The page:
We’ve been thinking quite a bit about retention at the Higher Education Research Institute this summer. We have the Retention and Persistence Institute just two weeks away (July 29-30), and we unveiled a couple of new tools in beta stage at the Association for Institutional Research (AIR) annual forum in Orlando earlier this summer. Additionally, last week’s article in Inside Higher Ed on the decline in first-year retention rates nationwide caught our attention.
The article reviewed a report released from the National Student Clearinghouse that shows first-year persistence rates (reenrollment at any institution for the second fall term) had declined 1.2 percentage points across all sectors since 2009 while the first-year retention rate (reenrollment in the second fall term at the same institution had remained virtually unchanged since 2009.
Notably, the report provides descriptive information about persistence and retention; however, the report and its associated article offer little insight about why students are not reenrolling for their second fall term – either at their native institution or at any higher education institution. Similarly, the report leaves open the question about the kinds of students who are not persisting in higher education or are not being retained at their home campuses.
These open questions prompted us at HERI to look at a few of the tools and data provided by the Cooperative Institutional Research Program to understand better the kinds of students who are leaving higher education and the reasons for their departure. At AIR this past May, Adriana Ruiz and I presented on a new first-year retention calculator tool that we will be including in the 2014 CIRP Freshman Survey reporting package this year. The calculator follows a similar format and line of research to the graduation rate calculator we introduced to the CIRP TFS reporting package a few years ago.
The first-year retention calculator enables campuses to estimate their expected first-year retention rate based on a set of incoming student characteristics, collected from the CIRP Freshman Survey known to predict retention. Campuses can then compare their expected rates to their actual rates to benchmark whether they are performing better (or worse) than anticipated. The most salient predictors of first-year retention in the model we built for this calculator included the extent to which students felt depressed (negative predictor), self-rated emotional health (positive predictor), having an expectation to transfer (negative predictor), and entering college with major concerns about their ability to finance their college education (negative predictor). Notably, students who express an inclination toward transfer when taking the CIRP TFS during orientation or the first few weeks of their fall term are the ones most likely not to reenroll for the fall of their second year.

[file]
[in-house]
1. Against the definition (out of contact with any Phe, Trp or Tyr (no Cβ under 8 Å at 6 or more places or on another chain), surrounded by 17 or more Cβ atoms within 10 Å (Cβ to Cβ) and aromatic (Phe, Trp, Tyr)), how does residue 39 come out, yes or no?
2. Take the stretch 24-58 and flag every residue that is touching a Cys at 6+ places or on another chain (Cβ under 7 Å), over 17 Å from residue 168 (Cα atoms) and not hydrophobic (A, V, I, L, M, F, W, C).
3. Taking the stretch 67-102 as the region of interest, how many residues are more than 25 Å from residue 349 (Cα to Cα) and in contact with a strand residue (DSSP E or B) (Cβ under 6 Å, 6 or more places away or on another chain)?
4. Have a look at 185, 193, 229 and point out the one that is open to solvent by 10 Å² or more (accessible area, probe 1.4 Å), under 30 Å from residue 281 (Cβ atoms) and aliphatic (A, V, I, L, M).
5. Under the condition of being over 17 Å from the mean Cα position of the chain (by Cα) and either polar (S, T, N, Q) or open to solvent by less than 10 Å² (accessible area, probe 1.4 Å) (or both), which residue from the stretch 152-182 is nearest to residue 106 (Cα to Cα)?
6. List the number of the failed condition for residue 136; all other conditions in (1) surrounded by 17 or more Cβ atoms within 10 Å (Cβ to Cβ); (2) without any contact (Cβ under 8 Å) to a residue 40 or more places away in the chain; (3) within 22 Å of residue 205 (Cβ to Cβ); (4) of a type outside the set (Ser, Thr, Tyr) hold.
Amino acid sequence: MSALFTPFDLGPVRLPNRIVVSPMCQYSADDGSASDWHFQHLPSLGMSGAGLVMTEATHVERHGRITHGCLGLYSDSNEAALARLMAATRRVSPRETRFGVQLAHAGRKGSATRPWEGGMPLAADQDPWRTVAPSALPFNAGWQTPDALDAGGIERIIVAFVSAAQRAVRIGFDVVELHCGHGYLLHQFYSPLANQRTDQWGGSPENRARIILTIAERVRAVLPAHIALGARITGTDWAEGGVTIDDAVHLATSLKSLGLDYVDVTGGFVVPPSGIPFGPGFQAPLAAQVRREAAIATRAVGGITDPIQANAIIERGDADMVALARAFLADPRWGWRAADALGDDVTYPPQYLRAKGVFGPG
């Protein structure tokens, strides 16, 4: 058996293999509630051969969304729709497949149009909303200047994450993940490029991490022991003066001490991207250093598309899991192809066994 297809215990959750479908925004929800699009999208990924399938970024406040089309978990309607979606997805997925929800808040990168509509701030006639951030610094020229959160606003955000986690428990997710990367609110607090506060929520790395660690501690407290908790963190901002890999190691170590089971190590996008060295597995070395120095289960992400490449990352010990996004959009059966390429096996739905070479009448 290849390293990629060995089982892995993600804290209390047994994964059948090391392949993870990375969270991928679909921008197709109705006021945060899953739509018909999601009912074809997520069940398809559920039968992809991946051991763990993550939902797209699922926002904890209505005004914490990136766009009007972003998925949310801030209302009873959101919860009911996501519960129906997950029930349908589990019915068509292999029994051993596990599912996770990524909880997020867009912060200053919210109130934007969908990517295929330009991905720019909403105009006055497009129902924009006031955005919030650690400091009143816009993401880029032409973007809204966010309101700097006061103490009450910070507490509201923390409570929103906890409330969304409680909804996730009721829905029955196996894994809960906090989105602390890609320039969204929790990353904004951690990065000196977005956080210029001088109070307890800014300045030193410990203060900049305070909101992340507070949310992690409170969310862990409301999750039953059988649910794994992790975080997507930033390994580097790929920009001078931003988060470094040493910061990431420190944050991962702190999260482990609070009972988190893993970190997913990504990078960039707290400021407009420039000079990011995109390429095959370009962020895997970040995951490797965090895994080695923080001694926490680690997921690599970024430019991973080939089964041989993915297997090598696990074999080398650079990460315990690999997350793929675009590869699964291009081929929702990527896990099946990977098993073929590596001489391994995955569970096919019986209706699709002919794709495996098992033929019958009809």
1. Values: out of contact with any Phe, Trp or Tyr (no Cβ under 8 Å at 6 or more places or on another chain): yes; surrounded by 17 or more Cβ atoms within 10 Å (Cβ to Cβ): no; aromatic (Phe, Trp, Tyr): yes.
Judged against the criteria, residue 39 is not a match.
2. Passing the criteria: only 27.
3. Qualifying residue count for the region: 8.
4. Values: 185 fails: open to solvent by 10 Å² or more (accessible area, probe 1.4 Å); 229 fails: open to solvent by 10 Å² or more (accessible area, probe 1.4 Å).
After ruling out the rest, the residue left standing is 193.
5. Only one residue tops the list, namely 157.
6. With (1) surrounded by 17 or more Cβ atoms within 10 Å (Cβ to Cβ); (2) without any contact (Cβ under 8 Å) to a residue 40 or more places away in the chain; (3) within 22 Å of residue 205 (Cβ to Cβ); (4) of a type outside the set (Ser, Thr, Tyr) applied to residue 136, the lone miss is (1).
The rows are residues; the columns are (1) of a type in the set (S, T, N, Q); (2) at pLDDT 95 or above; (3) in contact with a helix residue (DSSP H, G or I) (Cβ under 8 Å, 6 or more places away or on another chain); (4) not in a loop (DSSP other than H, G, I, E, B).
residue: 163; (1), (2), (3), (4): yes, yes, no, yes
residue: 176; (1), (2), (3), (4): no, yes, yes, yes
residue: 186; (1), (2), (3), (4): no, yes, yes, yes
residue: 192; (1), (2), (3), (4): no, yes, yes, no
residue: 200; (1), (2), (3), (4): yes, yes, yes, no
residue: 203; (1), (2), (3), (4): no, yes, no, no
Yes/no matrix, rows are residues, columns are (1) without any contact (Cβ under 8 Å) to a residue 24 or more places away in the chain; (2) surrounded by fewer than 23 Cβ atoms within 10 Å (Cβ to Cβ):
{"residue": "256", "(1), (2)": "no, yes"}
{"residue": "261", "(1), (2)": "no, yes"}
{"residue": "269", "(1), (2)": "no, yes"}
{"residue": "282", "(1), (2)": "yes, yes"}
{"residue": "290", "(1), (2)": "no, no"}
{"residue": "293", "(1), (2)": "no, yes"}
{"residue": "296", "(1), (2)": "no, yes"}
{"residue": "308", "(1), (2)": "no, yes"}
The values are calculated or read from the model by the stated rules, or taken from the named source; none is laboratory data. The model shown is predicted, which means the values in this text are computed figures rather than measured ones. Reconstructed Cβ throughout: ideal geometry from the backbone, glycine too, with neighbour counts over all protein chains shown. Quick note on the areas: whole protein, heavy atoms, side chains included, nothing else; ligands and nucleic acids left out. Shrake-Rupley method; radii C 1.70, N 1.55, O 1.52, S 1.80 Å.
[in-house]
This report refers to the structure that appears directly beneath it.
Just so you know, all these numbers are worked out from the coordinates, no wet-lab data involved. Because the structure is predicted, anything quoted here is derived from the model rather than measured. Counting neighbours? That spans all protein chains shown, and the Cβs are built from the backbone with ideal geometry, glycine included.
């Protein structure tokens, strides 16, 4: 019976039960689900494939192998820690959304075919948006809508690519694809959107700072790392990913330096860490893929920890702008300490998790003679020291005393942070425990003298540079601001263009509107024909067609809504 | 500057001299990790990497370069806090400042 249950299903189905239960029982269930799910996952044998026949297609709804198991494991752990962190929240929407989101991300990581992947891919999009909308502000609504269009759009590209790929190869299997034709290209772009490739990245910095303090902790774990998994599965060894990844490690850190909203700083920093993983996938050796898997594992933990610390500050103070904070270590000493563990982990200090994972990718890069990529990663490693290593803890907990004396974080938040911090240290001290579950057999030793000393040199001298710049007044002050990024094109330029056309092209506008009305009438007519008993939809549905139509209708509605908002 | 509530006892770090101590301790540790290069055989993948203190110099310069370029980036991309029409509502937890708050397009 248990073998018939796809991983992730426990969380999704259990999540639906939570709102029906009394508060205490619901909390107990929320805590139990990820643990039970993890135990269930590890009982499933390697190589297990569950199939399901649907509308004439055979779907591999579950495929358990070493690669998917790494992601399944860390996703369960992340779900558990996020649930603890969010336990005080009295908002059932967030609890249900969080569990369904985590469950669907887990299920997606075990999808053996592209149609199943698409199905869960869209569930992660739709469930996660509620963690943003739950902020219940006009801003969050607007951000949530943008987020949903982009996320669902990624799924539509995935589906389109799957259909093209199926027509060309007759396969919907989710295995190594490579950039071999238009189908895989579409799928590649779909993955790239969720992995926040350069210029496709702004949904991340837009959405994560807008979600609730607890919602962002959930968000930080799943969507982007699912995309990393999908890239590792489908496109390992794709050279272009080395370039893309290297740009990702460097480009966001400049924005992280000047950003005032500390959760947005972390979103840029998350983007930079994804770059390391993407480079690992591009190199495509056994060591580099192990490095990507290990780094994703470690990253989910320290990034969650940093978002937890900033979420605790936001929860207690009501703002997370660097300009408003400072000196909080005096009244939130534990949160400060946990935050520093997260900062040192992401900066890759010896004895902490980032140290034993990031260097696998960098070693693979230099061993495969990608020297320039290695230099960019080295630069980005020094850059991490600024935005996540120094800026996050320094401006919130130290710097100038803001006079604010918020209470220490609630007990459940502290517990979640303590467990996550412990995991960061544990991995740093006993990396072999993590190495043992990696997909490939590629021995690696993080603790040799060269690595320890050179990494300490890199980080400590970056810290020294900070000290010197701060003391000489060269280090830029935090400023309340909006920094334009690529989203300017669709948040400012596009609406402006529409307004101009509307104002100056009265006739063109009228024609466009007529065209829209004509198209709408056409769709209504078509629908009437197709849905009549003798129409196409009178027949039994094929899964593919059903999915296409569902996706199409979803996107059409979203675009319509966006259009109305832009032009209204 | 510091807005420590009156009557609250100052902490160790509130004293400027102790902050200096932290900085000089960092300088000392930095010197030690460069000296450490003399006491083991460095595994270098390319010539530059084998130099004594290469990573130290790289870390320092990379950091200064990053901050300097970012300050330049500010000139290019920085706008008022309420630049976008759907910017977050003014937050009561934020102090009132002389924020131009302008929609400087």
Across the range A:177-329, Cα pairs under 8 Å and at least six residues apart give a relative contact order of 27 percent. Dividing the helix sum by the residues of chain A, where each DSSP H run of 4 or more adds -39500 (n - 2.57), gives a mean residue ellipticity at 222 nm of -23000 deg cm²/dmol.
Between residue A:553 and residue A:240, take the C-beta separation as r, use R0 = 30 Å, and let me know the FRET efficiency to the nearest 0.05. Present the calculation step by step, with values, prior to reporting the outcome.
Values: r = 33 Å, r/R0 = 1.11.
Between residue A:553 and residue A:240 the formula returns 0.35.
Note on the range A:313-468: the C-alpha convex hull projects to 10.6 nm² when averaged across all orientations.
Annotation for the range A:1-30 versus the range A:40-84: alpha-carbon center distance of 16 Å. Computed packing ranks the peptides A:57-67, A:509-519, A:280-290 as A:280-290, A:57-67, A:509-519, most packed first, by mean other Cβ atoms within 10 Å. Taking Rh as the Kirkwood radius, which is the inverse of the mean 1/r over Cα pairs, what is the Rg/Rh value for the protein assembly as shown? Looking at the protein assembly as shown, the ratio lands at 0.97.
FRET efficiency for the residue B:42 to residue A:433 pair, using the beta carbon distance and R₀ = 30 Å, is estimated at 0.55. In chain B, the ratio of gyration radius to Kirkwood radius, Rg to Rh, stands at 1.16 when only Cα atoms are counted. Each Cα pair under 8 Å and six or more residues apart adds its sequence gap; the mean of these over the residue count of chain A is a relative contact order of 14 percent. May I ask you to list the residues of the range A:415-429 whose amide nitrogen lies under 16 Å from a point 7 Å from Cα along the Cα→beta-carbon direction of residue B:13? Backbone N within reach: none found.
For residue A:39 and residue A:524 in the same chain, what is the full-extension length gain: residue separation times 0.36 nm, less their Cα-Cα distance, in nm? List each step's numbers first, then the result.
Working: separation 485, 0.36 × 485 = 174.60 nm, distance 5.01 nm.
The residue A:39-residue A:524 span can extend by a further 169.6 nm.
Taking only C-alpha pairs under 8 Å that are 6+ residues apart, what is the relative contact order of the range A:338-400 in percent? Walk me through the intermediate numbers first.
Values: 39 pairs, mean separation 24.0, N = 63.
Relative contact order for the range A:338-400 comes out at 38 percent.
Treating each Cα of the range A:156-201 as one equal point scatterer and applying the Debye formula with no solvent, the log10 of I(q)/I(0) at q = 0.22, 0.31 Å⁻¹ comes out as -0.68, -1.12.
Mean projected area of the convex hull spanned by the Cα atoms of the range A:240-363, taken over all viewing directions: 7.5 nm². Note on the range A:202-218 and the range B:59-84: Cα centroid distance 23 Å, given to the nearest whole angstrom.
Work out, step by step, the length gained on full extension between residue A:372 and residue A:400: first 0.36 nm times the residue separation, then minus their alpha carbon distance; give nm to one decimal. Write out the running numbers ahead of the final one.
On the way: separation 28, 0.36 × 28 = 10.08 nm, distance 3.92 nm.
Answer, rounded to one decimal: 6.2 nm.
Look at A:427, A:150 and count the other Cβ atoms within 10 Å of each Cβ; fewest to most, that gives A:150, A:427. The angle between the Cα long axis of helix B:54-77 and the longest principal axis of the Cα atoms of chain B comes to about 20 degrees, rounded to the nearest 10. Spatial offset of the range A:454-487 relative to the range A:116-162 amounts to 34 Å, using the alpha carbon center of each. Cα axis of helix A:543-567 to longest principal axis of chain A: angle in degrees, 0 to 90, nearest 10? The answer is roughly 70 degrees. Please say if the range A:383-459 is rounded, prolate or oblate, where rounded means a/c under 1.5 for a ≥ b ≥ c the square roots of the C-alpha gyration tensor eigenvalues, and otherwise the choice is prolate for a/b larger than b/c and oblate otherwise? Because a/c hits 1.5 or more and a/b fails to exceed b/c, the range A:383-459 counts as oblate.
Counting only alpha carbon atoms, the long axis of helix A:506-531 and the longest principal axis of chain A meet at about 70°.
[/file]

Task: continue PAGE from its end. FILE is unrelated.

Financial aid measures (grants, parental resources positively predicted retention while relying more heavily on loans negatively predicted retention), pre-college preparation measures (higher high school GPA SAT scores and SAT scores were both positive predictors), and having chosen the particular institution based upon its cost of attendance (positive predictor) also significantly and substantively predicted whether students returned to their home institution for the fall of their sophomore year. This model was built based on more than 210,000 respondents to the 2004 CIRP Freshman Survey across 356 colleges and universities. We matched students’ TFS data with enrollment and completion data from the National Student Clearinghouse.
The Cooperative Institutional Research Program’s (CIRP) Your First College Year survey has, for the last several years, included a retention module with the online version of the instrument. Although the sample size for this module tends to be small, given that most campuses opt for our paper instrument or choose to survey only those students still enrolled at the institution during the time of administration, some of the top reasons for leaving are instructive.
Among the 246 students who completed the retention module in 2011, 40.3% indicated a lack of community as being “very important” in their decision to leave. More than one-third (36.2%) noted that their financial aid package’s inadequacy was a “very important” factor in their departure decision, and 41.7% said their inability to afford college was a “very important” reason for leaving. More than 40% (40.2%) said they left in part due to their preferred major not being offered while more than one-third (35.2%) noted academic difficulties related to academic probation, suspension, or expulsion as very important reasons for leaving.
It’s clear that the reasons for leaving college are as diverse as the students who leave, but we consistently see academic and financial difficulties as key factors in students’ departure decisions. Coupled with the findings from the first-year retention calculator, it’s clear that prior preparation and financial aid/college cost will continue to have outsized roles in determining how successful campuses are in retaining students – both into the second year and through to degree completion.